According to NBC 4 Los Angeles, a man who claims to be cursed has sued a psychic who he says falsely promised she could remove it. The plaintiff, Mauro Restrepo, is suing Sophia Adams and her business (“Psychic Love Specialist by Sophia”), located in Palos Verdes Estates. Other defendants include Adams’s husband, her daughter, and two clairvoyants (whose involvement, sadly, was not explained).
Restrepo allegedly found Adams’s website when he “searched for psychics on Google” on September 17. (It doesn’t say what search he ran, but she’s at the top of the list if one Googles “psychics in palos verdes estates.”) The suit alleges that Adams offers “intutitive and psychic readings, spiritual counseling and guidance, emotional healing,” and other services. According to her website, Adams also offers psychometry, aura cleansing, chakra evaluation, tarot-card reading, crystal-light therapy, crystal-ball reading, and past-life regression, and also all this stuff too:
I am an experienced 3rd generation Psychic, Trained Clairvoyant, Clairaudient, Certified Medium, Certified Angel Intuitive(TM), Certified Angel Card Reader(TM), Certified Archangel Life Coach (TM), Certified Realm Reader, Certified Assertiveness Coach, Certified Fairyologist, Certified Flower Therapy Healer, Certified Angelic Symbols Healer, Certified Ethereal Crystal healer, Reiki Master certified in: Usui-Kundalini-Violet flame-Sacred Flame, spiritual teacher of the Certified Angel Guidance Intuitive Course(TM), and Practitioner of Magic.
The website did not say what groups or entities certify the practitioners of these various arts, although I assume the California Board of Fairyology is involved in that one.
Oh, she also offers “love-life analysis,” which seems to be what Restrepo was looking for. Things apparently were not going well in Restrepo’s marriage. After a tarot-card reading, he alleges, Adams divined that he was suffering from “mala suerte” (bad luck), which was placed upon him “by a witch hired by his ex-girlfriend.” Adams allegedly promised she could remove this curse for $5,100. “Despite her promises,” the lawsuit alleges, “Adams did not in any way help his marriage.” Restrepo is therefore suing her for fraud, negligence, and intentional and negligent infliction of emotional distress, and the other defendants are charged with conspiracy to do those things.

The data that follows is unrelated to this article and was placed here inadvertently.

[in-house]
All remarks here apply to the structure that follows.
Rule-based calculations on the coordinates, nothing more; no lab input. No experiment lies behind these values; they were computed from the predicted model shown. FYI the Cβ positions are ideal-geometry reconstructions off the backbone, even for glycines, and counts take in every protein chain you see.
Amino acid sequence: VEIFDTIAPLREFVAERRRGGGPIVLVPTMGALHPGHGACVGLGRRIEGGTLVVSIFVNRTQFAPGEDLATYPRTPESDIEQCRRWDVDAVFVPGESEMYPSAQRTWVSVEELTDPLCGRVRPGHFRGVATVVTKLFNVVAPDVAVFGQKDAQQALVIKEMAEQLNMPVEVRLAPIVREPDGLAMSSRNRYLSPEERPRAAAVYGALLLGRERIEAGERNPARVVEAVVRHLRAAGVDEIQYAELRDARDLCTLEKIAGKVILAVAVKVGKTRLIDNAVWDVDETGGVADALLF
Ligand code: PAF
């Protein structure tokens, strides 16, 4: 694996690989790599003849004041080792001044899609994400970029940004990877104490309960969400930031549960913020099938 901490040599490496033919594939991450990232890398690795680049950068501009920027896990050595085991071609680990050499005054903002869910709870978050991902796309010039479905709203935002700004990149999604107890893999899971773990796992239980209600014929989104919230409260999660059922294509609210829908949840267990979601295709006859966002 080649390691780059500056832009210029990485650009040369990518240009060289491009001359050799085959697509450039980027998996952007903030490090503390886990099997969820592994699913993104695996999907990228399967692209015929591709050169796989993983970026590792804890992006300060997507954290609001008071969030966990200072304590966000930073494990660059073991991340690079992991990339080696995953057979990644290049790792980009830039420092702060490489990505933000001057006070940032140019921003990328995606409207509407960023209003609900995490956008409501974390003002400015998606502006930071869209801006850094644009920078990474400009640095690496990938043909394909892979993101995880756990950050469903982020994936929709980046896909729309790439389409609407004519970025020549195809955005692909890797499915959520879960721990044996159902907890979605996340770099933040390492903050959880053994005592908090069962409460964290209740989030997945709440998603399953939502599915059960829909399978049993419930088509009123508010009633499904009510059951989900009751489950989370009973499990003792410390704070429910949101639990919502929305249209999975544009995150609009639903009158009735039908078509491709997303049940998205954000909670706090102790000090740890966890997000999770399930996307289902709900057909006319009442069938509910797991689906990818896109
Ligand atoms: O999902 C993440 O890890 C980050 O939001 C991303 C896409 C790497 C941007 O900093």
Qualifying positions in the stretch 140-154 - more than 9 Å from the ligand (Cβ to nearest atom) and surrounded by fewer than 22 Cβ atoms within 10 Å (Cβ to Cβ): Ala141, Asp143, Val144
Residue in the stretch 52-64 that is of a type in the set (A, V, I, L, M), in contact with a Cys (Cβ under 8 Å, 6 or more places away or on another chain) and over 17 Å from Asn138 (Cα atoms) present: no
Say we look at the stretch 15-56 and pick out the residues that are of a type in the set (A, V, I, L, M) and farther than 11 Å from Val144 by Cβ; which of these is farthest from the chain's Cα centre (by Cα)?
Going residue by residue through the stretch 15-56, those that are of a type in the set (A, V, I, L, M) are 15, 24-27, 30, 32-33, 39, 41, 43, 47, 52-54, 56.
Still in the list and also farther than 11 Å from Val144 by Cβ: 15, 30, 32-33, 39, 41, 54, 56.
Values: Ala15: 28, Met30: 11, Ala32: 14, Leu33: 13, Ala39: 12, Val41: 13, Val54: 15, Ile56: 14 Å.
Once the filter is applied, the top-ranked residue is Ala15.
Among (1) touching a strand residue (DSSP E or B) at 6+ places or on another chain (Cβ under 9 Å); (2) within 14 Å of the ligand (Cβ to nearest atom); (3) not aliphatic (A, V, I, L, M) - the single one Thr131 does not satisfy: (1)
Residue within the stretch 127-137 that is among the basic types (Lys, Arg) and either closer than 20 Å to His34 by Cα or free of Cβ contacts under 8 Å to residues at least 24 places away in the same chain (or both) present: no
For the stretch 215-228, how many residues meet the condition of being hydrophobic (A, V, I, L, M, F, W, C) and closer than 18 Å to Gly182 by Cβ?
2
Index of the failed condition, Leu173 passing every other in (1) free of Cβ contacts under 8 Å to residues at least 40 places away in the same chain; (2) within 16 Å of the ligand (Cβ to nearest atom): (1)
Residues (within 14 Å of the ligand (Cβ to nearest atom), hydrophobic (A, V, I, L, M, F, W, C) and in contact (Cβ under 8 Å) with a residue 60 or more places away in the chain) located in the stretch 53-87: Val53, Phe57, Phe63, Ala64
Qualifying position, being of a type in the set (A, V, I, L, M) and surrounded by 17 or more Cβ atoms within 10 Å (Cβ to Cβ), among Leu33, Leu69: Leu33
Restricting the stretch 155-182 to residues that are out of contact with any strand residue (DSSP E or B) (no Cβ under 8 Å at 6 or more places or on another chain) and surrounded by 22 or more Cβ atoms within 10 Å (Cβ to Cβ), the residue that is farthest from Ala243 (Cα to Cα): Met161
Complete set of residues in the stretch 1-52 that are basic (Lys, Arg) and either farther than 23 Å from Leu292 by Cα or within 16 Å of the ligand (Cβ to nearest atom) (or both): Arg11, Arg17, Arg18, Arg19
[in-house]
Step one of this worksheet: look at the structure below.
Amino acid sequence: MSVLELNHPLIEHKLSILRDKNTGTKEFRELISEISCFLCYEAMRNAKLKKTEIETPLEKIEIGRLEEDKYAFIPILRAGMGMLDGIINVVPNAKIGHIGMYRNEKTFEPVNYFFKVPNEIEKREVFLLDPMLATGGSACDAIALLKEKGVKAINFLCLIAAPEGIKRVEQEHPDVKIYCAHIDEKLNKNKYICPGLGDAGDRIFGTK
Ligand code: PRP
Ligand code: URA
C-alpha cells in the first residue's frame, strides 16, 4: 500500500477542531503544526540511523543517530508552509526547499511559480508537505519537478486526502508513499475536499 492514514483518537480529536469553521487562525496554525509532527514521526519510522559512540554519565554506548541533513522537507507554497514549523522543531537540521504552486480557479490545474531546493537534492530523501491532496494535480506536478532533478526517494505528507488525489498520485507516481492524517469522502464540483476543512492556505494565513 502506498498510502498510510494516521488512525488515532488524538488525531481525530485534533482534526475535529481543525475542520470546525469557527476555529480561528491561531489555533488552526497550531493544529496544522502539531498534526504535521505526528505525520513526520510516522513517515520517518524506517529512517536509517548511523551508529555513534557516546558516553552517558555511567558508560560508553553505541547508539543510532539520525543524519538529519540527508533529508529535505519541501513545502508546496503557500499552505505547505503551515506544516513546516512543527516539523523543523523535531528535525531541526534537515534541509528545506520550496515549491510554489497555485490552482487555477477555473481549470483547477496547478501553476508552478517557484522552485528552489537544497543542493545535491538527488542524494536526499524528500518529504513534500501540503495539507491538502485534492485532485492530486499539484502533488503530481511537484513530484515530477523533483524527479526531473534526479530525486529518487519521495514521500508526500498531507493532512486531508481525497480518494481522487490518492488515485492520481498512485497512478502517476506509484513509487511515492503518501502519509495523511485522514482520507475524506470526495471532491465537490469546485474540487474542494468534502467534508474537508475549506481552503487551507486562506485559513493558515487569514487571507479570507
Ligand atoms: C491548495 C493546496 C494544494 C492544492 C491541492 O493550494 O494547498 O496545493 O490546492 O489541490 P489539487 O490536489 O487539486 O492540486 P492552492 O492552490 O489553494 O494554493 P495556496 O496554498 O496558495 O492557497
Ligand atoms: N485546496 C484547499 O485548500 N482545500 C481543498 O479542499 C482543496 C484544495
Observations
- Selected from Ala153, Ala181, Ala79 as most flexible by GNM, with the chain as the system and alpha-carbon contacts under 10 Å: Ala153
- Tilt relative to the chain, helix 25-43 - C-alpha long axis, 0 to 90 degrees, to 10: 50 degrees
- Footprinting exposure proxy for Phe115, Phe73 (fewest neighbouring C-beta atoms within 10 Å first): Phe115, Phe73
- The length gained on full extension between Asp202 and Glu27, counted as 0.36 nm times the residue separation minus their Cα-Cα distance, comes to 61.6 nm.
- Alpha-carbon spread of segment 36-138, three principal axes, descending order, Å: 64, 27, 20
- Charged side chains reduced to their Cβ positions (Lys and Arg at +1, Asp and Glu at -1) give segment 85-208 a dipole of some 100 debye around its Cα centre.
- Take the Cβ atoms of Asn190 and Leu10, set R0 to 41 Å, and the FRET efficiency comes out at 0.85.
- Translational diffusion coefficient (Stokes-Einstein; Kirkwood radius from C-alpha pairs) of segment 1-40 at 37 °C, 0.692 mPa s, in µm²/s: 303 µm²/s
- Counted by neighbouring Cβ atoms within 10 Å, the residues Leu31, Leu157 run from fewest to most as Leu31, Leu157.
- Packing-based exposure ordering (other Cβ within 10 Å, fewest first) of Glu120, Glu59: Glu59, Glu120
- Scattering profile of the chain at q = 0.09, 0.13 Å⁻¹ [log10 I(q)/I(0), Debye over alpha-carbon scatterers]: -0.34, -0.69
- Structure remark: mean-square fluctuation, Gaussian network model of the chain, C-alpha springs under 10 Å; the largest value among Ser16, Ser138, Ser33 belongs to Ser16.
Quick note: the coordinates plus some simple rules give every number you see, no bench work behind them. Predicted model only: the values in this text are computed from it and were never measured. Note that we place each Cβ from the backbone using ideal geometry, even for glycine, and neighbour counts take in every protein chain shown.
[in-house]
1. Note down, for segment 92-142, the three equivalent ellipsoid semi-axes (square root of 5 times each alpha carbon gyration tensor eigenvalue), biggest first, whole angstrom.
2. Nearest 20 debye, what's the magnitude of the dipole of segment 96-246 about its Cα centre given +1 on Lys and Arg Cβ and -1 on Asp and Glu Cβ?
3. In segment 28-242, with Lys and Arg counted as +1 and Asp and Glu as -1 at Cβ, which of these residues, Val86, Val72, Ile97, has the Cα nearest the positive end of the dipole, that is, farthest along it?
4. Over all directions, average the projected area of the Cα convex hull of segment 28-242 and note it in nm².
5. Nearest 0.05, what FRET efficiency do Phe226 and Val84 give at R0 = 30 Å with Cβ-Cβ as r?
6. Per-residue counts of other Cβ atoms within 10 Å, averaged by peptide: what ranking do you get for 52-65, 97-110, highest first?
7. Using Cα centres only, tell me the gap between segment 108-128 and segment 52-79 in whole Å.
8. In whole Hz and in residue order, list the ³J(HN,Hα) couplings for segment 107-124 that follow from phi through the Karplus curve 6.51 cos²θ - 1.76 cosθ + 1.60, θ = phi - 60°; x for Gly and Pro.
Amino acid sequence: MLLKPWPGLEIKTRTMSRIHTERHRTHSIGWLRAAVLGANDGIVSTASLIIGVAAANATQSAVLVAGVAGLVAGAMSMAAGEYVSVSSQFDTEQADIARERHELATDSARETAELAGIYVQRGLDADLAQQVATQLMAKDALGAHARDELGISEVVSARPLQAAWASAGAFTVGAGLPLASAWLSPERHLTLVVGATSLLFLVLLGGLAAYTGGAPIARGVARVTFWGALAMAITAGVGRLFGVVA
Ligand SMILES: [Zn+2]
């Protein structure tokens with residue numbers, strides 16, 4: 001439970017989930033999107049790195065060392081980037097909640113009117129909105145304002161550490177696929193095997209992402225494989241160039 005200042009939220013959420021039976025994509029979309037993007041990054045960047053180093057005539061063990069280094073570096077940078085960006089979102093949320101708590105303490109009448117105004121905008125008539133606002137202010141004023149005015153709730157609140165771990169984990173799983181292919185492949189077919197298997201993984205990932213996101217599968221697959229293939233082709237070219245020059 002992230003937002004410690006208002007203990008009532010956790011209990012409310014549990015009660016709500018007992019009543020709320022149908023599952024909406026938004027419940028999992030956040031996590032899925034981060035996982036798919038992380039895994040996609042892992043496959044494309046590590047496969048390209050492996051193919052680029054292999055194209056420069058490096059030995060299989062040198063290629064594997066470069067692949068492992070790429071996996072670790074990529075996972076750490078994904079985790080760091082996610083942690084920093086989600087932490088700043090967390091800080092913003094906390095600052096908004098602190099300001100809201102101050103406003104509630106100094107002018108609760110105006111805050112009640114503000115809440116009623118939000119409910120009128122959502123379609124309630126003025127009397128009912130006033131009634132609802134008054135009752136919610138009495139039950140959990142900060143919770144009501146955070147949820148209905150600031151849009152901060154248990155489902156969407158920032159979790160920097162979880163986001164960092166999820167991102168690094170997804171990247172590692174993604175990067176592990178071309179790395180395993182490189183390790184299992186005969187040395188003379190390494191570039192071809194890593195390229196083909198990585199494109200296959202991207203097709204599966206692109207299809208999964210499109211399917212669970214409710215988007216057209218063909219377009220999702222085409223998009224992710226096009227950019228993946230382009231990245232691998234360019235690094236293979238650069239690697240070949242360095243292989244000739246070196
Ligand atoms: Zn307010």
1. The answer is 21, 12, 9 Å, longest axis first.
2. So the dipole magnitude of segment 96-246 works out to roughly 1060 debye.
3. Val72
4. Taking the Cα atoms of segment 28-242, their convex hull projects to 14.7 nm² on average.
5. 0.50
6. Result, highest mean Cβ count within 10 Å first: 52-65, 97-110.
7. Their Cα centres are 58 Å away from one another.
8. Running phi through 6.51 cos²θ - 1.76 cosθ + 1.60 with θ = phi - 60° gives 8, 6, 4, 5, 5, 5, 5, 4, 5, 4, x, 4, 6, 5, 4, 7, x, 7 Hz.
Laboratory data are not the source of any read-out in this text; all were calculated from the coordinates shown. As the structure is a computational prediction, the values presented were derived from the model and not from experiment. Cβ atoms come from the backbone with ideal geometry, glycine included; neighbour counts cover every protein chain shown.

It is hard to know who to sympathize less with: the person who claimed to be a certified psychic who could remove an ex-girlfriend curse (among the most powerful curses known to man) for just $5,100, or the person who claims he believed that person and gave her money to uncurse him. Ideally, no one would win this case. Unfortunately (unless it settles), someone probably will.
To prove fraud, Restrepo would have to prove Adams knew she could not lift the curse at the time she allegedly promised to do so. And even though everything Adams purports to be able to do is almost certainly bullshit, it would be difficult if not impossible to prove it’s bullshit or, more importantly, that Adams didn’t believe it wasn’t.
The latter point is more important partly because Adams will be able to raise a First Amendment defense, and is probably good at convincing people she believes what she’s doing is real (maybe even because she does believe it). You might think that because this stuff is bullshit, a First Amendment defense shouldn’t be available because there’s no protection for false statements. Many legislators have thought exactly that, and have passed laws making it illegal to provide “psychic” services for money, on the grounds that this is nonsense and so is “inherently deceptive.” But it appears that the majority view in the U.S., or at least a widespread view, is that such laws are unconstitutional. See, e.g., Nefedro v. Montgomery County, 996 A.2d 850 (Ct. App. Md. 2010); Spiritual Psychic Science Church of Truth, Inc. v. City of Azusa, 39 Cal. 3d 501 (1985) (same). These courts basically hold that such laws go beyond what’s necessary to protect the public from fraudulent “fortunetelling” (the term these laws typically use). The law against fraud already does that, so an anti-fortunetelling law is not the “least restrictive alternative” to achieve the goal. Both opinions lay out the analysis in detail, if you care.